Adjustments, hacks, and errors

  • The recipe calls for a large sauce pan. Instinct recommended an 8 quart pot which turned out much better. There are 6 cups of liquid and 1 1/2 cups of dry lentils going in there FFS.
  • The only broth I had is Better Than Bouillon's standard concentrate. It's darker than the chicken-style broth the recipe calls for. I think it turned out great anyway.
  • I added all 4 tablespoons of olive oil at the beginning. I was only supposed to add 2, and reserve the other two for the spiced oil drizzle. So this recipe ended up with 5 or 6 tablespoons of delicious olive oil instead.
  • I didn't rinse the lentils. They came in a hermetically sealed space bag looking perfect, so it didn't even occur to me. This resulted in some initial froth while simmering, but everything worked out ok.
  • I didn't have any dried mint. I actually looked for it at Safeway, slightly skeptical that such a thing could be purchased. It couldn't. Instead, I got fresh mint and put it in a foil-lined lasagna pan and baked it for 10 minutes at 250 degrees F. Turned out great.
  • Only needed a touch more lemon and salt at the end. 
This is a delicious soup. The lentils and onions had a nice bite. The spiced oil drizzle added some dark heat. Will do again.

Thank you, America's Test Kitchen.

Monday, October 2, 2017

Out of Retirement And Off The Rails #veganmofo2017

My last post on this blog was nearly six years ago. It was the first part of a series on brewing vegan beer (aka "beer"). I think the second part of this series is still in my drafts folder. I'll spare you further suspense: the beer was really good and it got me hooked on brewing my own! I have not brewed beer since.

I have announced a custom theme!
In a manic bout of web surfing over the summer I signed up for VeganMoFo 2017. I may not have been sober then, but I assure you I'm painfully sober now. So here I am, keeping my promise.

My theme this month is to prepare a daily recipe out of America's Test Kitchen: Vegan For Everybody, a book I'm excited about for a number of reasons. (I really can't wait to talk about it.) The screenshot from the very top of the VeganMoFo Themes page confirms that I have officially committed to this topic. So without further ado, I present to you Scrambled Tofu from the first edition of Isa Moskowitz's Vegan With A Vengeance!


Let me back up. I shuffled into the kitchen this evening while my wife (I married a woman since my last post) was preparing a tofu scramble for dinner. She was "going to wing it," a strategy that made me wince. We have an impending avalanche of cookbooks stacked in the kitchen specifically so that we never have to "wing it." She sensed my discomfort and assured me that she had quickly flipped through an Oh She Glows coobook looking for a scramble recipe, but failed to find one. Fine. This is the kind of suffering you must quietly endure to maintain a happy marriage.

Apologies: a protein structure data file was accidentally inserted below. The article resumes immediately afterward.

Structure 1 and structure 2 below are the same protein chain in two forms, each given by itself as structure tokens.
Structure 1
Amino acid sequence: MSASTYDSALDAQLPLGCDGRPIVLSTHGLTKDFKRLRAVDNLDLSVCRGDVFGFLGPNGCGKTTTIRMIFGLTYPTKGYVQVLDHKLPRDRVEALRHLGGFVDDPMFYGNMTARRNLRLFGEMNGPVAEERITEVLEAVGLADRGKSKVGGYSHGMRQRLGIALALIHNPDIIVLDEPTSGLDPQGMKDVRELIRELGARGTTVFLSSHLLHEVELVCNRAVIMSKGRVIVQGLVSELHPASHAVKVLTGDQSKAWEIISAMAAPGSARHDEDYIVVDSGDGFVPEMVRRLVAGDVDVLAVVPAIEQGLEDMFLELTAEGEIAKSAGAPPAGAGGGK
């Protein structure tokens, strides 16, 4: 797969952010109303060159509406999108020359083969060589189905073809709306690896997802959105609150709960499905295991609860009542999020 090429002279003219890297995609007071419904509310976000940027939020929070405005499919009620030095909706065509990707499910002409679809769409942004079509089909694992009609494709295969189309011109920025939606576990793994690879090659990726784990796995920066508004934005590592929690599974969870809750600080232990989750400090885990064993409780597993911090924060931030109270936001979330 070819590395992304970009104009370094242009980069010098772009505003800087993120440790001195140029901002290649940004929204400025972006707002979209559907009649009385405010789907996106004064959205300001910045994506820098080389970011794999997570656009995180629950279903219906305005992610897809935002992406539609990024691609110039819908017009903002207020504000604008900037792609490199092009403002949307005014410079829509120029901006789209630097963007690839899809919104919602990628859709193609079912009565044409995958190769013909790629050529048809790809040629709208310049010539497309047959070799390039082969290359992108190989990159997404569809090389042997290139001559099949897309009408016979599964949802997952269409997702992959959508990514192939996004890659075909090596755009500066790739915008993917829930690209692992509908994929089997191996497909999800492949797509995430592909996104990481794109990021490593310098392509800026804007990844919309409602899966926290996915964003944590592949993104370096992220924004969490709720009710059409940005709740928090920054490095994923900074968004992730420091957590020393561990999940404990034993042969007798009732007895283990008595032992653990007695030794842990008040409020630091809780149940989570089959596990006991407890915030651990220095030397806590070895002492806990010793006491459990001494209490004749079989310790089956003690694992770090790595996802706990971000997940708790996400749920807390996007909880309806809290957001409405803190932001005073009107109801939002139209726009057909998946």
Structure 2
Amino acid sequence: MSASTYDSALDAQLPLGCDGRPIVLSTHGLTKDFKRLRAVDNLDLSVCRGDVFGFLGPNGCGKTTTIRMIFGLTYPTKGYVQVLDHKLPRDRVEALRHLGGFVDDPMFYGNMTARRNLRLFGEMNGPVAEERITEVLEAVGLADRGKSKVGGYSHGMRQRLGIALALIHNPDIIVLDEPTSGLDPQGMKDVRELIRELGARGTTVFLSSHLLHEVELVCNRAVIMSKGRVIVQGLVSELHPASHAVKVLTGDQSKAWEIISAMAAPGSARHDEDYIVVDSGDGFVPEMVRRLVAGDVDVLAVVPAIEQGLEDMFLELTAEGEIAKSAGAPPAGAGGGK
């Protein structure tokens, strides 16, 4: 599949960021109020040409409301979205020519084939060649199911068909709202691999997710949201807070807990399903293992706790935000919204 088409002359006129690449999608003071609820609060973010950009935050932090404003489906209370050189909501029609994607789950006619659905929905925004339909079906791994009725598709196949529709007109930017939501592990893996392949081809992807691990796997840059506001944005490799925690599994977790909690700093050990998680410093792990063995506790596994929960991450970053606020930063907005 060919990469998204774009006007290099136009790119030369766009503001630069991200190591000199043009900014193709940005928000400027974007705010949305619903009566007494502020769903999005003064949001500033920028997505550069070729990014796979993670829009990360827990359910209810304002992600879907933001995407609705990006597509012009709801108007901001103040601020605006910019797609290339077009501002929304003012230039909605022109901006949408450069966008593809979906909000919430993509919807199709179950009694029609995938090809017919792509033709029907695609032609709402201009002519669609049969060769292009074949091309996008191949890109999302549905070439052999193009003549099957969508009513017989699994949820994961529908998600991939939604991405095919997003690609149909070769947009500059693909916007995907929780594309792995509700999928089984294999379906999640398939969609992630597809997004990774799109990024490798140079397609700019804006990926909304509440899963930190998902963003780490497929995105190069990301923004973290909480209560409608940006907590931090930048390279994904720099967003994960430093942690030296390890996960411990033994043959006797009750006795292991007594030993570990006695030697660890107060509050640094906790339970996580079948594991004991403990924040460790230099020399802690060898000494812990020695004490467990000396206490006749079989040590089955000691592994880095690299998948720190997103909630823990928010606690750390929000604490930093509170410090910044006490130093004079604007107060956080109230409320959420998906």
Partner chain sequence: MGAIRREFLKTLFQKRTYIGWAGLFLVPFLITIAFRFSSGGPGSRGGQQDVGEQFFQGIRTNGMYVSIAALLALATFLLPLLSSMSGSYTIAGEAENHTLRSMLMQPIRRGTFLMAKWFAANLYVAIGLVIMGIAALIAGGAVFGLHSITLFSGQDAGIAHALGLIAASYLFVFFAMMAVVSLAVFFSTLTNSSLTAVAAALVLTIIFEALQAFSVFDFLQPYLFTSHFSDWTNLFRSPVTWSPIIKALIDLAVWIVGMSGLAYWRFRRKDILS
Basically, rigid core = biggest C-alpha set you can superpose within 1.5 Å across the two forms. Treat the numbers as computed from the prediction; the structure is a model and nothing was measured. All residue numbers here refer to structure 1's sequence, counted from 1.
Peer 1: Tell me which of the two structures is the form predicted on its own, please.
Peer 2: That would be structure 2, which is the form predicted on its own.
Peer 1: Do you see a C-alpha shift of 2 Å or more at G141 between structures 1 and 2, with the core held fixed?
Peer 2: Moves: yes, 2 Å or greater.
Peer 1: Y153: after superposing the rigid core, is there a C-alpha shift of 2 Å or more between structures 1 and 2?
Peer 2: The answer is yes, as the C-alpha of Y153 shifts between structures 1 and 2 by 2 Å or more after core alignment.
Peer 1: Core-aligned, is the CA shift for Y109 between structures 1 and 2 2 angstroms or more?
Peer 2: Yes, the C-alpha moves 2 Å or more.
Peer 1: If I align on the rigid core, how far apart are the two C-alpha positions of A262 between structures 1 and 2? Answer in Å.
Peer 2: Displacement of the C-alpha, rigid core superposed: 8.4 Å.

While my daring wife was chopping an onion, some chitchat ensued and we settled on the familiar topic of whether we would ever feed the cats again. We concluded that it was possible they might eat this week, because we ordered special food promoting anal gland health and it was due to arrive on October 4th.  My wife looked up from the growing pile of onion bits and asked, "What's today? The 2nd?" "Pfffft," I replied, always a step ahead, "it's the 1st." This is when I realized that I had to write a blog post.

"I'll cook!" I quickly offered. "I wonder if there's a scramble recipe in the new America's Test Kitchen cookbook." The book was handy, having stood patiently on the kitchen counter since it arrived months ago. I flipped to the back and found two entries under "tofu": Tofu Scramble with Bell Pepper, Shallot, and Herbs; and Tofu Scramble with Tomato and Scallions.

"We don't have any of those things," my wife stated.

I looked at the onion pile that was clearly going to be the central ingredient in whatever we would make. Then it struck me: Isa's Scrambled Tofu. We almost always had the basic ingredients for that. It starts with a ton of onions and mushrooms and ends with satisfaction, every time.  There are plenty of other days in the month for ATC:VFE. Surely my faithful audience would understand.

I helped my wife tease the first edition of Vegan with a Vengeance out of our Jenga library. (We have the new edition, too, but this exact book is the one that taught me how to cook like a human back in 2005. It's special.) Scrambled Tofu was clearly marked by a pink post it and years of accumulated scramble splatter. I asked my wife to shovel the onion pile into the pan and bid her withdraw into the parlor. I was about to follow some rules.

Having made this recipe countless times, there were few surprises. I used Wildwood firm tofu, which is a bit dry and required adding about a cup of water while simmering. I added broccoli at the same time as the tofu, and it cooked nicely. I forgot to saute the garlic with the onions, a pretty rookie mistake. I added it early into the simmering phase and no one got hurt, thank God. I definitely missed the classic tang of hot, oily garlic, but the sweeter notes of simmered garlic weren't bad.  I served it with Field Roast breakfast links and grilled toast.

Looking back at my early posts, this recipe was also the subject of the 7th blog post I ever made, during the very first VeganMoFo. So it's a good recipe to come out of retirement with.